Monday, February 14, 2022

Symbols vs. Strings

Most popular computer languages don't have symbols as a data type. You can make do with a string, or encode your symbol as a small integer or enum. It's a hack, but simple enough and common enough that it doesn't need a second thought.

Lisp has symbols, though, so if you are using a string as a stand-in you should give it a second thought. In Lisp, symbols and strings have different roles. Strings are composite objects, symbols are atomic. String operations are concerned with the contents of the string, symbol operations are concerned with the identity of the symbol.

I saw a Common Lisp Tic Tac Toe program that represented the players' marks with the strings "X" and "O". I could see no reason why it couldn't have used the symbols 'X and 'O. Or the keywords :X and :O. Or how about the Unicode symbols '✗ and '◯?

Symbolic processing is the raison d'ĂȘtre of Lisp. It's a little absurd to represent symbols as strings in Lisp.

Saturday, February 5, 2022

Imperative vs. Declarative

I saw this recently:

    token = request.headers.get('Authorization')
    token = token.split(' ')[1]

From an imperative programming point of view, there is nothing wrong with this. We assign to the token variable the contents of the Authorization header, then we assign to the token variable the second substring after splitting along spaces. After executing these two statements, token will contain the desired value.

From a declarative programming point of view, this is terrible. The first statement binds the name token to the Authorization header, but the second statement contradicts the first by changing the binding of token to mean something else. Thinking declaratively, we'd much prefer either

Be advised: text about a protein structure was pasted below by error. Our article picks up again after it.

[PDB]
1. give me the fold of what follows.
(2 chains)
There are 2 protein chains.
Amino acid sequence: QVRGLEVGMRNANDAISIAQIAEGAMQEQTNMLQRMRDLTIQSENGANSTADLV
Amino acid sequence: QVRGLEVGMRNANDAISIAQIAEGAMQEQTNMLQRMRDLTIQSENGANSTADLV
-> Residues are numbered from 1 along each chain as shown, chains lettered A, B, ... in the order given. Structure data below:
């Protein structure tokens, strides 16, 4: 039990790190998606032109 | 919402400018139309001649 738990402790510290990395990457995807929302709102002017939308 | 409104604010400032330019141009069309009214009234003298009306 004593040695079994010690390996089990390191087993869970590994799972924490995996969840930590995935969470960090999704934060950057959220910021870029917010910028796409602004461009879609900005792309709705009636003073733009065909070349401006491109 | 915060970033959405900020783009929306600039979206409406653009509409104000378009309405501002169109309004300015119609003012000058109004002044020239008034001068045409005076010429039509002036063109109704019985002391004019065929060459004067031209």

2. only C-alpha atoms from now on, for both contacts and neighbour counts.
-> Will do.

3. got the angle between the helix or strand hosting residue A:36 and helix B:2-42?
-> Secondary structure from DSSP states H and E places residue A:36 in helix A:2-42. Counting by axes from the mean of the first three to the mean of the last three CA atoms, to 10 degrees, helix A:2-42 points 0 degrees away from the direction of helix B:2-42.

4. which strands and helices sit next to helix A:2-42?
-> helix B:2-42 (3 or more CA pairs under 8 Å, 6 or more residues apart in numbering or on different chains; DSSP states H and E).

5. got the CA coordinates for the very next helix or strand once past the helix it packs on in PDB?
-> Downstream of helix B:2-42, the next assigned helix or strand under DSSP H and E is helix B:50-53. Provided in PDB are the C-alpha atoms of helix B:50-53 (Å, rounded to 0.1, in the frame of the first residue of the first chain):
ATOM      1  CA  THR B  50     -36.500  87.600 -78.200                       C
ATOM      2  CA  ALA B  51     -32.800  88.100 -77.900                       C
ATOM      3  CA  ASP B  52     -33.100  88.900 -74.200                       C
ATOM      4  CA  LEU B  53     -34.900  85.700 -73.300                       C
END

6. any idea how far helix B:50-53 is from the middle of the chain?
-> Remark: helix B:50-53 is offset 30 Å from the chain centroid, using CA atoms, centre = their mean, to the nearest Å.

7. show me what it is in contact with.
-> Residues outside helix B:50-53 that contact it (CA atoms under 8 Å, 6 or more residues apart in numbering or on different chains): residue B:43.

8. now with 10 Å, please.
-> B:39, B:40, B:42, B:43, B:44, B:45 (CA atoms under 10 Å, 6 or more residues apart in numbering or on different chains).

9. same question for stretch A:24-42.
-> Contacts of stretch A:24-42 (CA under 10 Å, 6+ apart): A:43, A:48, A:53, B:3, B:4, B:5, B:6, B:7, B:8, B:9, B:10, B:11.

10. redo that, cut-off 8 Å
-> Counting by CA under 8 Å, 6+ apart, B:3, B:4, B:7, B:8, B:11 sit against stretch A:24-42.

header = request.headers.get('Authorization')
    token = header.split(' ')[1]
    token = request.headers.get('Authorization').split(' ')[1]

The first option avoids the contradition and reassignment by simply using a separate variable. The item we get from request.headers isn't a token, it's a header, so we should name the variable appropriately. The token is a separate quantity that we compute from the header and the code directly reflects that.

The second option just avoids the intermediate variable and lets the compiler choose how to deal with it. Again, there is no contradiction or reassignment, token receives its final value when it is bound.

The problem is this: in the original pair of statements, the first statement

    token = request.headers.get('Authorization')
while imperatively a valid command, is declaratively a lie. It says that token is literally the Authorization header, but it isn't. The second statement patches things up by fixing the value of token to be what it ought. It seems poor practice to deliberately put these sorts of lies in our programs. We can make the first statement true by simply renaming the variable.